There are six residents starting at UNC ortho this fall. I only know the stats for four of us, but we averaged a 4.0 GPA and a 97 on the boards. I think about 250-300 people applied here, but I am not sure.
 
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Tarheel said:
There are six residents starting at UNC ortho this fall. I only know the stats for four of us, but we averaged a 4.0 GPA and a 97 on the boards. I think about 250-300 people applied here, but I am not sure.
That's a bit misleading, considering UNC had unmatched spots. Ironic a program w/ that avg board and gpa score would have unmatched spots after match.
 

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capisce? said:
That's a bit misleading, considering UNC had unmatched spots. Ironic a program w/ that avg board and gpa score would have unmatched spots after match.
It is more misleading then you realize, but it is true.

Edit: I just realized who you are so I am sure you get it. Good luck!
 

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capisce? said:
That's a bit misleading, considering UNC had unmatched spots. Ironic a program w/ that avg board and gpa score would have unmatched spots after match.
A program who has problems filling the match forms must have other problems as well :D
 

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Some programs go on numbers only some go on the total person. Best thing to do is to appy to a number of programs, eat the cost and get in.
 

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Hey capisce, how's Cincy? Almost missed it with the screenname. Thanks goodness I still have Tarheel bailing me out.
 

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jpollei said:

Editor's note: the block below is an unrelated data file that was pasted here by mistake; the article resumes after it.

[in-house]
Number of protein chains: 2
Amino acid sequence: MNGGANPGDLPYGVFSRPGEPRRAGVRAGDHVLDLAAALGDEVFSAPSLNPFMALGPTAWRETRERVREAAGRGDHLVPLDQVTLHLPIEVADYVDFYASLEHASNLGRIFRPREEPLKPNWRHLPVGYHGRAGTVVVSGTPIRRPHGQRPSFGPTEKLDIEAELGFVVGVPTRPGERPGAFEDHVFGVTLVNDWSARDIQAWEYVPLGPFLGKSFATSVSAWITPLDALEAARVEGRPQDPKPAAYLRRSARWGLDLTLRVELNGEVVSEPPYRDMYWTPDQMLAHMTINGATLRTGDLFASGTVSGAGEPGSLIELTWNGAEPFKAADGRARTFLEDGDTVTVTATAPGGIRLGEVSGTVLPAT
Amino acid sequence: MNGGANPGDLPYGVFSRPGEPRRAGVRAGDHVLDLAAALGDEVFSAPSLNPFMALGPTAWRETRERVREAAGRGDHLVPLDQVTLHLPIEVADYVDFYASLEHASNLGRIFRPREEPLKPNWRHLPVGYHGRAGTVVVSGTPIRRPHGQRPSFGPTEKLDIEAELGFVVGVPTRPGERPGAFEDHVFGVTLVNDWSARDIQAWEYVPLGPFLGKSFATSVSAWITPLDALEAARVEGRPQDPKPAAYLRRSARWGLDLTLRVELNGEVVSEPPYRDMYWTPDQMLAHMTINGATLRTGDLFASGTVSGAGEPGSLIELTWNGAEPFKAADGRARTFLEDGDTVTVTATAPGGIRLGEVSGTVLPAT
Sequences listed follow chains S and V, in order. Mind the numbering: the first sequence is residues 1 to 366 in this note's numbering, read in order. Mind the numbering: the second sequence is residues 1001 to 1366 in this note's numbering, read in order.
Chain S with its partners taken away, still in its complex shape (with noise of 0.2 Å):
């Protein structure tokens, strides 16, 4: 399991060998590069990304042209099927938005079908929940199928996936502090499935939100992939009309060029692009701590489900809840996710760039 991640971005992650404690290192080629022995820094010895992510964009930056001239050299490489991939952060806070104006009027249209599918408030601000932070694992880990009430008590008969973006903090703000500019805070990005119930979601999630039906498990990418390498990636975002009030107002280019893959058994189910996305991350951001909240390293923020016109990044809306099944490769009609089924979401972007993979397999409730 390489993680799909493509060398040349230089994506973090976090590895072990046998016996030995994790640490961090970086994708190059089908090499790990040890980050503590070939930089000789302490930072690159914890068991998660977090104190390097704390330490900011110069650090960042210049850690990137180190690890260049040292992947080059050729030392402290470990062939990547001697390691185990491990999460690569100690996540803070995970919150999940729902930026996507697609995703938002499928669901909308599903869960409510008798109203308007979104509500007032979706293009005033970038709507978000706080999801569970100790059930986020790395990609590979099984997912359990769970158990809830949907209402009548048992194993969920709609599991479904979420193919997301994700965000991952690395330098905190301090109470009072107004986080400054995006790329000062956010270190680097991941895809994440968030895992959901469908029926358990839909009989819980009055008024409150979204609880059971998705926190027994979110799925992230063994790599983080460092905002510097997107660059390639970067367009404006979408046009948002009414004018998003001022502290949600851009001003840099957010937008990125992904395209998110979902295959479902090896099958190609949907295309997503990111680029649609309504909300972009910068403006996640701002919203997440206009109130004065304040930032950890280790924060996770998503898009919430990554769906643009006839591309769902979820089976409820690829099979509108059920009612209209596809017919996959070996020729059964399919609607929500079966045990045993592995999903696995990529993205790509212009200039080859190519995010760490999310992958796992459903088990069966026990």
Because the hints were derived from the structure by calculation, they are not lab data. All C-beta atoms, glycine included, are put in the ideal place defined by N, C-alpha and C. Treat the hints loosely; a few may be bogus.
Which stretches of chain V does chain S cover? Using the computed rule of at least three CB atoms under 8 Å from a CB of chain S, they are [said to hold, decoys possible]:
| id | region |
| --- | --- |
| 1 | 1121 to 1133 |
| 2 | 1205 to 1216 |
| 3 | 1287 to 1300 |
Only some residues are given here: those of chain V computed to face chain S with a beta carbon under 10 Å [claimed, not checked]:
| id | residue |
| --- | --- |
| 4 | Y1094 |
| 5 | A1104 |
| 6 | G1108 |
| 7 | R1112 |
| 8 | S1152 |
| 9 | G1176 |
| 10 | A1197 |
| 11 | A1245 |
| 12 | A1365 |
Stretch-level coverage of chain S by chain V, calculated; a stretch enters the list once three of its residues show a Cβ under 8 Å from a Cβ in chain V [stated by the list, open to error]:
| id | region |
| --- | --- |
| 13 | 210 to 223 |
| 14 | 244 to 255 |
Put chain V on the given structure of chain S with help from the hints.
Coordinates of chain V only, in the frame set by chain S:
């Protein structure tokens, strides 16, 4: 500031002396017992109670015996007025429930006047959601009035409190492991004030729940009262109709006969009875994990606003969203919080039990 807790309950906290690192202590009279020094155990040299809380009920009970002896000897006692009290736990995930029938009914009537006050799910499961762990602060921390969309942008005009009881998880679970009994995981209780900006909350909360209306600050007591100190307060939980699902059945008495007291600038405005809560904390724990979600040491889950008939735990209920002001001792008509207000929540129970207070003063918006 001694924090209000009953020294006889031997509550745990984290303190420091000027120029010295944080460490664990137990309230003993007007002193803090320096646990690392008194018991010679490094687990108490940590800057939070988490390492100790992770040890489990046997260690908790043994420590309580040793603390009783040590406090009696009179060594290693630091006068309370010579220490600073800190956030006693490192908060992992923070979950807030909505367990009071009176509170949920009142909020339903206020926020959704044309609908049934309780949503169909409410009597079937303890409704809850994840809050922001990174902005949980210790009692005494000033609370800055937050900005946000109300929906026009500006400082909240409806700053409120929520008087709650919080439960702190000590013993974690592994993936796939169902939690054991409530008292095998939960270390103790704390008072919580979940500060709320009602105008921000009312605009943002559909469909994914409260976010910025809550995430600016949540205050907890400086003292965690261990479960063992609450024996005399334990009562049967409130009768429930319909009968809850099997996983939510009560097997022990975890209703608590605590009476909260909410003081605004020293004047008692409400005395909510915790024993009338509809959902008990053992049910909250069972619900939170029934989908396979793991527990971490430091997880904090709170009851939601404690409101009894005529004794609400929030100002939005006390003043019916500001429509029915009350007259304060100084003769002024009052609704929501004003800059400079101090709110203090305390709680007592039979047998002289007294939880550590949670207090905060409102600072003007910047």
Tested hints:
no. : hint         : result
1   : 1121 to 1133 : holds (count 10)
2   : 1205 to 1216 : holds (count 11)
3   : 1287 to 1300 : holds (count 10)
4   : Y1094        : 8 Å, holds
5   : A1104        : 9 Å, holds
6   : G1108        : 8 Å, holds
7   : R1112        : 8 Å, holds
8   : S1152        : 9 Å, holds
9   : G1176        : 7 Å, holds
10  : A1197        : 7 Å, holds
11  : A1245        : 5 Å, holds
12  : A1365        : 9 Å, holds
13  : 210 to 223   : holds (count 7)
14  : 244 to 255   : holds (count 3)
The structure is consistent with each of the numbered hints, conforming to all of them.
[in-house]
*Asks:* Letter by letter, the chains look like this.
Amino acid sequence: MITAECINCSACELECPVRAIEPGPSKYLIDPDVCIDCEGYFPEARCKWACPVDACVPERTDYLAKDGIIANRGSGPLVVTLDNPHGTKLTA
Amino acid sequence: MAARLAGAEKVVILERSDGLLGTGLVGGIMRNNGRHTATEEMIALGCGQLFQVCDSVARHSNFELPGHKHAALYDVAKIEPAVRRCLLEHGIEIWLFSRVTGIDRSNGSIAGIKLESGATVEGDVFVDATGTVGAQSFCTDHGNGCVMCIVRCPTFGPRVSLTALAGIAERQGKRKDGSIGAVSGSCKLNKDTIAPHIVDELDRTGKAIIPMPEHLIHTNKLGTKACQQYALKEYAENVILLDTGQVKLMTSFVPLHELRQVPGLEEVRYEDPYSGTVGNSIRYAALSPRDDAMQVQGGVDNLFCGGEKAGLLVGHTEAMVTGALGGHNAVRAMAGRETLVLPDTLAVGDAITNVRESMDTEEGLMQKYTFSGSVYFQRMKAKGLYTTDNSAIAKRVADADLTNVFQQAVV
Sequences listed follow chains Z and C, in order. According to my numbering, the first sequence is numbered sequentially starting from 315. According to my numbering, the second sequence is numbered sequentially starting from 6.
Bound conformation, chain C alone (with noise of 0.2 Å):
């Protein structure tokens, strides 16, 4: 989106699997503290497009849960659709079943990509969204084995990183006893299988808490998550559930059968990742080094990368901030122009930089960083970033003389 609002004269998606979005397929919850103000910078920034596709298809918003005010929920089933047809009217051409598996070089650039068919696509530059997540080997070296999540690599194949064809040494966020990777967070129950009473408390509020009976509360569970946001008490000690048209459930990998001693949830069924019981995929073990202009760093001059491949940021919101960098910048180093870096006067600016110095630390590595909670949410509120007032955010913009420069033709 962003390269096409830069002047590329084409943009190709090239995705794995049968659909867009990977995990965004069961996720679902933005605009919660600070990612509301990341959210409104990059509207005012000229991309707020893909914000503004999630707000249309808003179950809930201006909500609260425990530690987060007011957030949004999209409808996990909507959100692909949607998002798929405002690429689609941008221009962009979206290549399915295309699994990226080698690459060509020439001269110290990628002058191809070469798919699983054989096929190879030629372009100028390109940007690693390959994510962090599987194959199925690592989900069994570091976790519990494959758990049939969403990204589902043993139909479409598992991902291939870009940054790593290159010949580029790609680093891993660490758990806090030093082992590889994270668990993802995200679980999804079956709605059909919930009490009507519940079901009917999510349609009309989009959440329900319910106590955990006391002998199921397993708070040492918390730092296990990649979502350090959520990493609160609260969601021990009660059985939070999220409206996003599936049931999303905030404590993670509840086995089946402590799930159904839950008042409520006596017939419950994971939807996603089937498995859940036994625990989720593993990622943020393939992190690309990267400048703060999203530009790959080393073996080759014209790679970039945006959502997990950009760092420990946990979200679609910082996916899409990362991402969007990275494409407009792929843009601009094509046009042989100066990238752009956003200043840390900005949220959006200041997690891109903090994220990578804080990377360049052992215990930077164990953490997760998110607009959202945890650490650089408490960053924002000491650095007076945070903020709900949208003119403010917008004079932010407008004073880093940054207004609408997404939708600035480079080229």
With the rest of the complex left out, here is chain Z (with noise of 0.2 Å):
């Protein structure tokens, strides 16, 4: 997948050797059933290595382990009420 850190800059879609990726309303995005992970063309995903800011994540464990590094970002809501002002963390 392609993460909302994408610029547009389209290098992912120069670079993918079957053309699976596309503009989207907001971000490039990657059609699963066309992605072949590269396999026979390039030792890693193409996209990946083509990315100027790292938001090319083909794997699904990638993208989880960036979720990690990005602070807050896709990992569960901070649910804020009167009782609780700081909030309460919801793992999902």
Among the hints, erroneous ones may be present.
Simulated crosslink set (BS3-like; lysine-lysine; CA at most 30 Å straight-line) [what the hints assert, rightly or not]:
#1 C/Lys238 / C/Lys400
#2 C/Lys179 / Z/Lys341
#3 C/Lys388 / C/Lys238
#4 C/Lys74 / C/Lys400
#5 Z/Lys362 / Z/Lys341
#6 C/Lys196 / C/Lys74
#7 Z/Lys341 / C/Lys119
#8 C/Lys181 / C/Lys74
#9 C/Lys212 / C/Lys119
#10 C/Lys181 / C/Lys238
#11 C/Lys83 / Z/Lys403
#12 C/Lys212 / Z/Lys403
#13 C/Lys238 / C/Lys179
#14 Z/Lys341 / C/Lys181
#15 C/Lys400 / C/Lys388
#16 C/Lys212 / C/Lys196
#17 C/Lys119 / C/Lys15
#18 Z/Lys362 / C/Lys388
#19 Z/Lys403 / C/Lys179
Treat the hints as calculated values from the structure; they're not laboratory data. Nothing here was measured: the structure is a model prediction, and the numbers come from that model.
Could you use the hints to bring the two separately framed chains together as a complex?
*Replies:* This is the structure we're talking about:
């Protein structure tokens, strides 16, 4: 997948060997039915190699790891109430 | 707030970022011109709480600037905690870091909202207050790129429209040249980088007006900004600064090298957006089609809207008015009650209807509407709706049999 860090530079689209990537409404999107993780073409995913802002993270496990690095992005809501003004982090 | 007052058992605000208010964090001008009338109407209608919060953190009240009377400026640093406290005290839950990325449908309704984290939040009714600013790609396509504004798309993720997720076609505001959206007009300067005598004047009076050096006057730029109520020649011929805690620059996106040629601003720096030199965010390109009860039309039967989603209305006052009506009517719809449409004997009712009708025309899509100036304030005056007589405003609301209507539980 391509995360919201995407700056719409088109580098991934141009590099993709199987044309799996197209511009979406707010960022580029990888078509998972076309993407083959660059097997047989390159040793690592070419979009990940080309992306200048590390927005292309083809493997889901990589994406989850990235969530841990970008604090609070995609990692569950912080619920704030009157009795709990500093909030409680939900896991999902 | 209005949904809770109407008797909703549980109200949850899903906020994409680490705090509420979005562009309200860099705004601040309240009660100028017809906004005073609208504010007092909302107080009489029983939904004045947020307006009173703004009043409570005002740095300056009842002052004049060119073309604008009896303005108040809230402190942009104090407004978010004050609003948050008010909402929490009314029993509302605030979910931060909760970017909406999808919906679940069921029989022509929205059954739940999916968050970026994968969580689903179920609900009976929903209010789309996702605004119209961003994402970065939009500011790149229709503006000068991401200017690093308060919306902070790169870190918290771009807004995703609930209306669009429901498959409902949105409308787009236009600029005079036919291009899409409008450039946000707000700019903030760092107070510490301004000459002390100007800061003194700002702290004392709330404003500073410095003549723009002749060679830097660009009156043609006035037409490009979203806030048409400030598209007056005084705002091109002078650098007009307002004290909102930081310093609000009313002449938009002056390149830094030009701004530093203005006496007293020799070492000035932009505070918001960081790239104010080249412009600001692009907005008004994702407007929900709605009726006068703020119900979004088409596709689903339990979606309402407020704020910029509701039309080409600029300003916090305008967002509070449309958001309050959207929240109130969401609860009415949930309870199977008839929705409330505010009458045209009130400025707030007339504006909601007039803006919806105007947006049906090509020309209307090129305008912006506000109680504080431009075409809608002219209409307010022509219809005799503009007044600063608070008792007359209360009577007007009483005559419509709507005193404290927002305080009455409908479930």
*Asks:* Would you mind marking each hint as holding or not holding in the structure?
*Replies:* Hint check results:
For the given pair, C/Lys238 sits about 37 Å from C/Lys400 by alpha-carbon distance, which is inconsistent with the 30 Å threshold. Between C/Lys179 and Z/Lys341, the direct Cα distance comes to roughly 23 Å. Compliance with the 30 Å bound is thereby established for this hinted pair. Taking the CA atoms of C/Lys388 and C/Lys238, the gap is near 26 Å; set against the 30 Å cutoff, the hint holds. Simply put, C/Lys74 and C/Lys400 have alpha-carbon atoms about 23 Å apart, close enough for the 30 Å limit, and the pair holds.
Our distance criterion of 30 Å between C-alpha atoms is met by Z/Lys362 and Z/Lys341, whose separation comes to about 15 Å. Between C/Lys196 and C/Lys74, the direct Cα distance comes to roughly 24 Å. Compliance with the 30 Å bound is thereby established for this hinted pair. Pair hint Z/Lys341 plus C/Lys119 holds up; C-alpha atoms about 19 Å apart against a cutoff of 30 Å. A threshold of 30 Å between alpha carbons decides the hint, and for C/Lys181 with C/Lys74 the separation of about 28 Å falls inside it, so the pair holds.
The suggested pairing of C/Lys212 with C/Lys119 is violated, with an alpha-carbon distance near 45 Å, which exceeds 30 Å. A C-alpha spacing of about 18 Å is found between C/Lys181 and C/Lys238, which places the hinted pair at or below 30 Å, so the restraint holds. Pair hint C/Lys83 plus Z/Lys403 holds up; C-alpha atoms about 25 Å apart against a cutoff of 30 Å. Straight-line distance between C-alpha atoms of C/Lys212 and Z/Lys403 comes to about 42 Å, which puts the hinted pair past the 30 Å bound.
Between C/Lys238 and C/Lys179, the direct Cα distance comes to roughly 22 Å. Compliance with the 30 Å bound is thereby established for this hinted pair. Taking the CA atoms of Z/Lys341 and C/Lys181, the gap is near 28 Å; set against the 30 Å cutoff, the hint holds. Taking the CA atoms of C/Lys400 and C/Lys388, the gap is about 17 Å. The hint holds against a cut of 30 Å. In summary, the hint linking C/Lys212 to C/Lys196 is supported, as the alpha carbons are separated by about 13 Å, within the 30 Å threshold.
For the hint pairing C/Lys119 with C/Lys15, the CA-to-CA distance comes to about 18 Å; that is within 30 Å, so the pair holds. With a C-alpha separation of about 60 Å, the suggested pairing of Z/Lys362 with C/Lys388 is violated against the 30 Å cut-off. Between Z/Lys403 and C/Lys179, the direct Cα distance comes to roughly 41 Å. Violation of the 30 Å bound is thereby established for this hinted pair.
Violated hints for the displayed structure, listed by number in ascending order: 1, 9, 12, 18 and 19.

Hey capisce, how's Cincy? Almost missed it with the screenname. Thanks goodness I still have Tarheel bailing me out.
Sent you a PM doc, good to hear from you. Say hi to the crew for me.
 

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Newb here.

I don't know if this is just for orthodontists or other dental specialities, but at the end of dental school, one has to take a test and get in the 90s to even be considered for orthodontists, right?

Is it possible to re-take the Part I test to attempt and get a higher score? And let's say you do, is your old score erased?
 

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A little advice?

The typical applicant that will obtain an ortho residency has a gpa closer to 4.0 then 3.5 and a board score above 95. That person also has extra curricular stuff to put on the appication along with research. I Have the gpa and board score but my time to do research and other stuff is limited. I'm married with 4 kids (my oldest is only 7). The last two semesters have been the most difficult in D-school and combined with studying for boards nearly killed me and my wife. Talking her down off the window ledge once or twice a week kind of got a little old after awhile. Now, I know that I can't do this to her and my little ones anymore by adding research and leadership stuff to my already full schedule. I'm worried about letting my application ride on what I've done already. I'm going to do some research as well (nothing major) but I think that will be pushing things to their limit. Plus, this really isn't fair to my wife and kids. What do you think? I go to USC where we have no ranking system and I have heard some programs set class ranking as one of their most critical determinants.
 

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You're fine. Do what's right for your family. If you have great numbers and can interview well, you've got as good a chance as anyone. Non-research extracurriculars aren't given much weight in ortho.